Frequently Asked Questions

I am the parent of a youth in the process of transitioning to adulthood, where can I find a list of local resources in my community?

As a research organization, CanChild does not keep a database of programs available for youth in transition. To find these resources we recommend you contact your local children's treatment centre for community specific information, or use local community databases to find agencies, such as red or blue books. If you live in Ontario, the Door 2 Adulthood website offers a variety of resources for many communities across the province.

I am the parent of a youth in the process of transitioning to adulthood, what resources do you have available to parents?

To assist with planning for transitions, CanChild has developed the The KIT, which stands for Keeping It Together, that offers a place to keep information about their youth and plan for transitions, starting from preschool to elementary school through adulthood, click here for more information.

I read about the Youth KIT on the website, when will it be available?

The Youth KIT is now available here.

I am a parent or youth and I would be interested in participating in research in the future, who do I contact?

Research conducted by CanChild varies by topic area and type of study being conducted. Although we appreciate your interest, CanChild does not keep a database of interested study participants.

In many of your documents, the term capacity is used, what does this mean?

In the past, therapeutic interventions have been focused on individual independence and skills or components needed to complete tasks such as dressing oneself. Rather than focusing on just on skills or components, recent research suggests that it is better to focus on the capacity of the individual to participate in activities that are important of them, and to learn how to direct someone else to support the individual two complete tasks/activities. The ability to direct care is only one component of capacity, other components include: having a social network and supports that can be relied upon; the ability to problem solve and provide solutions to solve problems; and learning how to be "interdependent: rather than "independent".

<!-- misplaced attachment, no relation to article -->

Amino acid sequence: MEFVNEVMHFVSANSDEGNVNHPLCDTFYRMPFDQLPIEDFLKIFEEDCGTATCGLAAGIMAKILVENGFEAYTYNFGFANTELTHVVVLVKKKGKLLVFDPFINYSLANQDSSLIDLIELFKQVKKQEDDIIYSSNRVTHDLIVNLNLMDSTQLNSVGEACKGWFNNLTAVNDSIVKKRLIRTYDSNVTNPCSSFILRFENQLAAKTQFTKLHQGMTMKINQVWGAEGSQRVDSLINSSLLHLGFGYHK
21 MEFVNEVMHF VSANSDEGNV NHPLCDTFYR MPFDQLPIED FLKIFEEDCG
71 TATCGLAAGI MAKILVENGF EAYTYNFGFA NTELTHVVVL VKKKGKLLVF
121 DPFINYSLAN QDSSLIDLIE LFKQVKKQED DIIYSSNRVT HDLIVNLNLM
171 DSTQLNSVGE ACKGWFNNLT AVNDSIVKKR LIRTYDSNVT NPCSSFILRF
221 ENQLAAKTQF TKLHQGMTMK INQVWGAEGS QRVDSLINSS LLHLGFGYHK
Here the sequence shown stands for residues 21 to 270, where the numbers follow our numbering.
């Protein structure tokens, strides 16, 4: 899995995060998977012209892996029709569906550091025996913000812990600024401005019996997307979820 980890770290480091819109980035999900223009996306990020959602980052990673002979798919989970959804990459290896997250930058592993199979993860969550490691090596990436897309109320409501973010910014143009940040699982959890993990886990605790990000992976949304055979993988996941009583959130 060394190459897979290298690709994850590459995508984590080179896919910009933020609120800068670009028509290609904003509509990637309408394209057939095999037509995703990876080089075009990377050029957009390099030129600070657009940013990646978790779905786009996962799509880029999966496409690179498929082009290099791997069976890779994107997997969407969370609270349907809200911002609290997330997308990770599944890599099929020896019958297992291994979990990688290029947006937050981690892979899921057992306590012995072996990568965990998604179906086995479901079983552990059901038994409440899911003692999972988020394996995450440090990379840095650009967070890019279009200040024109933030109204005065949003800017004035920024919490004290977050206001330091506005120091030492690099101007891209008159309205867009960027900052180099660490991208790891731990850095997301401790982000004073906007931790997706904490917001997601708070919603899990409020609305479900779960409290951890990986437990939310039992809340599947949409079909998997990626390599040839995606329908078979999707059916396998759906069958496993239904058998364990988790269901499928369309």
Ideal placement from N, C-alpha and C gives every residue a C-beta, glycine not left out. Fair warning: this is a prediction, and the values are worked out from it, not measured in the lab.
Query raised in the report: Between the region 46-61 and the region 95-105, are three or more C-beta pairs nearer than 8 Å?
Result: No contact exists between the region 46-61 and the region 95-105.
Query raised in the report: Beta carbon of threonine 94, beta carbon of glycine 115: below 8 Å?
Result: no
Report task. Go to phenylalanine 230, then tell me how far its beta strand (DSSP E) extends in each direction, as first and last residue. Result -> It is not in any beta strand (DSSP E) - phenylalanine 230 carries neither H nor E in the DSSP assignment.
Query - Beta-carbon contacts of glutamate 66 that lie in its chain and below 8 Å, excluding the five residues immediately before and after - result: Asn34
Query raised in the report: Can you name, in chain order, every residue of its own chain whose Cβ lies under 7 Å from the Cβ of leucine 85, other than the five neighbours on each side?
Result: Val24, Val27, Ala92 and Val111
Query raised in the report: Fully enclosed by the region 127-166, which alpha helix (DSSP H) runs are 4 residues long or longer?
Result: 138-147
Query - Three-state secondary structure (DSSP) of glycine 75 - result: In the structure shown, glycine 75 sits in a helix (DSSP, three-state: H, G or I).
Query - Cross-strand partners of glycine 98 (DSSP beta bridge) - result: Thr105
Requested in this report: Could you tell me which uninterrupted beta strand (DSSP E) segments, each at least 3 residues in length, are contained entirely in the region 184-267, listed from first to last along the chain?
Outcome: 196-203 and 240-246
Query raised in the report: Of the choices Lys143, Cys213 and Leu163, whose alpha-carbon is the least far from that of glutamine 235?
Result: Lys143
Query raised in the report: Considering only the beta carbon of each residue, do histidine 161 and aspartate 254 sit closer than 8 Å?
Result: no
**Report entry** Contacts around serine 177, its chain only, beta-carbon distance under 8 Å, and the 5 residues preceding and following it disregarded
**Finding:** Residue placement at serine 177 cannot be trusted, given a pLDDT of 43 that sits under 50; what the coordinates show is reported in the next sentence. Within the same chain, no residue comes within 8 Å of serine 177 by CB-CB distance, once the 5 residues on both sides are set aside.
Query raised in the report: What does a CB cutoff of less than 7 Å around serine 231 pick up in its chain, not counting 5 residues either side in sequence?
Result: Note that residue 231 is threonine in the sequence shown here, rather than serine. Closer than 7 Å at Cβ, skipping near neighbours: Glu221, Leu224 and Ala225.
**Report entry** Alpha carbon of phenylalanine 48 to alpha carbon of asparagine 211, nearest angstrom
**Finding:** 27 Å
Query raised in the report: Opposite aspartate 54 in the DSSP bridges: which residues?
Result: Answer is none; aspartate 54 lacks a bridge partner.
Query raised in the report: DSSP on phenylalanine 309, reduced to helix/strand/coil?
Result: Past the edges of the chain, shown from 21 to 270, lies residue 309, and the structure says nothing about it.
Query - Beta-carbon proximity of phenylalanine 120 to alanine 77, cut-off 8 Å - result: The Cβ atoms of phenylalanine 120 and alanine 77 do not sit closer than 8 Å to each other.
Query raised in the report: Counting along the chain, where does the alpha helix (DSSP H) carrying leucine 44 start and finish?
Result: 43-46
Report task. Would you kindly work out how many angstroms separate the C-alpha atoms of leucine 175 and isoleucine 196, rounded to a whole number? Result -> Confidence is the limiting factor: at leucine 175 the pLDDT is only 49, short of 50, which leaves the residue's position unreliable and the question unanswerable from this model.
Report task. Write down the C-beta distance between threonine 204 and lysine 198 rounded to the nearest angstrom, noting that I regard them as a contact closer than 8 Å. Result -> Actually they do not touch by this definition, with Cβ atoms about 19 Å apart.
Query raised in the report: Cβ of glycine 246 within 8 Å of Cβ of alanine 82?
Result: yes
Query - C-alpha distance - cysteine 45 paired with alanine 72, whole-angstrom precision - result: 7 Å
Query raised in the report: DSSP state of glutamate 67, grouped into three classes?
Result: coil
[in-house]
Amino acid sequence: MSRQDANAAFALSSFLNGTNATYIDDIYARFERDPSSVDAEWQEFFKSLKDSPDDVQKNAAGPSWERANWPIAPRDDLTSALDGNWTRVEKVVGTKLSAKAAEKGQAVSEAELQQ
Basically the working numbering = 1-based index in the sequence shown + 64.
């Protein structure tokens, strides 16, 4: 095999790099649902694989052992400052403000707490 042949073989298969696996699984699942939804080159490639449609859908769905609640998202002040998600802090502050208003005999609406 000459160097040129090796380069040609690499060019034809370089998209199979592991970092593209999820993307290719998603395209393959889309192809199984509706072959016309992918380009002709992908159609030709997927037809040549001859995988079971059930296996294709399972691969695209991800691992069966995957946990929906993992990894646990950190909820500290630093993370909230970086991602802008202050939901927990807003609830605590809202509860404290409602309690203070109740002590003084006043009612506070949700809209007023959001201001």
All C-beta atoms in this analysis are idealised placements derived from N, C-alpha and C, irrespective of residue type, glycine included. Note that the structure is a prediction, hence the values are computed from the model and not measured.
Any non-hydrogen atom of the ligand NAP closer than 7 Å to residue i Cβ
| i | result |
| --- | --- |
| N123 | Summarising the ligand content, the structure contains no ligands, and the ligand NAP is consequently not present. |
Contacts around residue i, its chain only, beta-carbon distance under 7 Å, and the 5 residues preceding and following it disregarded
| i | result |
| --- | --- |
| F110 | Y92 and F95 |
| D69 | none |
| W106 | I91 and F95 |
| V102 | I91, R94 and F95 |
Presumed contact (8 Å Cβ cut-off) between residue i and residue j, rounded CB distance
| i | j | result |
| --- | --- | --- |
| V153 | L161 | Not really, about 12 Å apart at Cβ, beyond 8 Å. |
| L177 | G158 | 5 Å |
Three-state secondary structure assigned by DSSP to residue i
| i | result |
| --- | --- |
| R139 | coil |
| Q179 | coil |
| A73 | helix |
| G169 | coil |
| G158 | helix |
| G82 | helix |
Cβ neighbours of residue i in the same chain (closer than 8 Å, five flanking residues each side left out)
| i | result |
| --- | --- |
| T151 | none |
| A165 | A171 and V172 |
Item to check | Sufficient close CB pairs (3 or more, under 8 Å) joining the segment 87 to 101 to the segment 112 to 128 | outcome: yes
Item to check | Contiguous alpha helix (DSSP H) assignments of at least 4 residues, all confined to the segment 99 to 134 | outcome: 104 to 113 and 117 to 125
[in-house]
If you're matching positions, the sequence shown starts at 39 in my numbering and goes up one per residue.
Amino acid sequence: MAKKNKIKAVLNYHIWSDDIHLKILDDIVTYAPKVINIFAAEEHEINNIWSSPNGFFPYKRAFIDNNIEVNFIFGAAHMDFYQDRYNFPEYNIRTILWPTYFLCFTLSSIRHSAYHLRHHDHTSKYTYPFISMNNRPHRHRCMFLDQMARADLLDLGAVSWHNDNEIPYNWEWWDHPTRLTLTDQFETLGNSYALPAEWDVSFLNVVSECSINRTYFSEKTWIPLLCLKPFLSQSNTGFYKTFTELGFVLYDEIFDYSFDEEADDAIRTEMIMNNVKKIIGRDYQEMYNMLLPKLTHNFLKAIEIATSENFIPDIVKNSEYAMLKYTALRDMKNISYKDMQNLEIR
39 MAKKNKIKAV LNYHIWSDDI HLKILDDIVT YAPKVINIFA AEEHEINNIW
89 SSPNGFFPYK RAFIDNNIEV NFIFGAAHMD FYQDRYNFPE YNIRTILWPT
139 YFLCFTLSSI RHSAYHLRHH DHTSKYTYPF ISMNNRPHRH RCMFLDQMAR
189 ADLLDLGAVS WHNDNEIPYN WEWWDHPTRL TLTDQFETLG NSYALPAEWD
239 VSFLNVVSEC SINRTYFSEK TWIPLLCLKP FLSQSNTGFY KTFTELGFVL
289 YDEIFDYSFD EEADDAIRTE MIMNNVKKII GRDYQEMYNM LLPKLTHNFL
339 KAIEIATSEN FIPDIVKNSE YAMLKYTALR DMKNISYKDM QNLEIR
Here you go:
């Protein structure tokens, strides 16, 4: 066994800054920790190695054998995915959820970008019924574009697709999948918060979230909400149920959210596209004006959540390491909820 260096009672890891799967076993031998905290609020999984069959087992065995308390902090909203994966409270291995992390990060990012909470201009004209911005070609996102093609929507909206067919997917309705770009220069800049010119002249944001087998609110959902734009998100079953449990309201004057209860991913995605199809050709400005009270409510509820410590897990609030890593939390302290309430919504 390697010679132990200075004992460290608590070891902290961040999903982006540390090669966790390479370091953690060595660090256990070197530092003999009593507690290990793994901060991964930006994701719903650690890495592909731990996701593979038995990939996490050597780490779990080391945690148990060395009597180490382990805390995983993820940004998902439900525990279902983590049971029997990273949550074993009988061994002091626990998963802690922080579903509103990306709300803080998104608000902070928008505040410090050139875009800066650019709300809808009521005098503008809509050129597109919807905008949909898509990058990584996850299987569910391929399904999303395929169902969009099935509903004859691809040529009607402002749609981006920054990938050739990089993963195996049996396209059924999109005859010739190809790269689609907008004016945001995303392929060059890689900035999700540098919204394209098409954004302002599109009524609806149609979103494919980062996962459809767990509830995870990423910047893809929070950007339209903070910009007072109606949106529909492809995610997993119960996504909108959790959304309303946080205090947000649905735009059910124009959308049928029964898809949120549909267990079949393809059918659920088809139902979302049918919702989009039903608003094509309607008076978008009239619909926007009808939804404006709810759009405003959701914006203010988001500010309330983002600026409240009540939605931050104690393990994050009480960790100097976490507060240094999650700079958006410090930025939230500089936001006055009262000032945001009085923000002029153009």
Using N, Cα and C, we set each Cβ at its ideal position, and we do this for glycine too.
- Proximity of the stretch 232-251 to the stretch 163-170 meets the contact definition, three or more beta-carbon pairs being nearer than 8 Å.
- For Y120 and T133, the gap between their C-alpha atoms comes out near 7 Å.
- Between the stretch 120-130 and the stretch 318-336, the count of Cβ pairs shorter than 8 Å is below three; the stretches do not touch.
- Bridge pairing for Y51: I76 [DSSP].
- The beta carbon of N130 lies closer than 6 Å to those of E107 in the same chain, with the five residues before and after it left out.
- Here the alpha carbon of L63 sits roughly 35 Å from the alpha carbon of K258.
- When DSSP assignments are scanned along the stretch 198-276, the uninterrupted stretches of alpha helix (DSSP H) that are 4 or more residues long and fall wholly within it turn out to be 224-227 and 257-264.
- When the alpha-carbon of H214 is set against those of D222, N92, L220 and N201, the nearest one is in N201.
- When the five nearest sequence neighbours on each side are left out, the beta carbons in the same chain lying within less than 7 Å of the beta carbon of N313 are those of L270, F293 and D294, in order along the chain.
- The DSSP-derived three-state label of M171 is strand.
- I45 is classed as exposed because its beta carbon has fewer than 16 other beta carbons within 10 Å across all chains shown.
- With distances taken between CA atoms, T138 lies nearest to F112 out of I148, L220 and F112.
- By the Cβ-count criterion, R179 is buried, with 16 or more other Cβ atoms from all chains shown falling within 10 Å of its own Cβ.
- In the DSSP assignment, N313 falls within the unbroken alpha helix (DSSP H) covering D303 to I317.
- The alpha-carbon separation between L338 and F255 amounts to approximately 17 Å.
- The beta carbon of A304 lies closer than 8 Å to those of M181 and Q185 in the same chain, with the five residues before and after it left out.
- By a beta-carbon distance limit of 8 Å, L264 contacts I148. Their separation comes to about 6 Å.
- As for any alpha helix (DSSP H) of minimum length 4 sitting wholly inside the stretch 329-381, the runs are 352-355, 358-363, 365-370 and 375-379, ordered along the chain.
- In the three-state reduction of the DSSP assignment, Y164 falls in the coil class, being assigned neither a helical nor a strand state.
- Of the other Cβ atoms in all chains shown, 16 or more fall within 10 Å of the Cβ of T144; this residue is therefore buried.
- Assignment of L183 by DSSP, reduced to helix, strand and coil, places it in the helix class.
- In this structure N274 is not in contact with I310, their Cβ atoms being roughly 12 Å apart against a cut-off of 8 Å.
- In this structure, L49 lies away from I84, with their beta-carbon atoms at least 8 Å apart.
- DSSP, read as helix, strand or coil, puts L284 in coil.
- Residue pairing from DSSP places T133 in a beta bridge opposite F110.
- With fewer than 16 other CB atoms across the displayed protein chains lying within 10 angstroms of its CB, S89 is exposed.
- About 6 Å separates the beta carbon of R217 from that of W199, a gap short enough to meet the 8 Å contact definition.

The individual is not the only focus of capacity. Families and communities also have capacity as well. The capacity of families includes important elements of the relationships, support networks, and for youth in transition to adulthood, it also includes learning to "let go" when appropriate.

Community capacity refers to the resources and supports in place for an individual with a disability to participate fully in that community. Within the context of transition to adulthood, community capacity refers to building supports for youth moving from pediatric to adult services, which can include changing attitudes towards inclusion and becoming more accessible for all persons with disabilities.

Capacity building is a new focus of research, building on what we have learned in the past decade. For more information on our most current research, please see the "Best Journey to Adult Life: Best Practice Guidelines".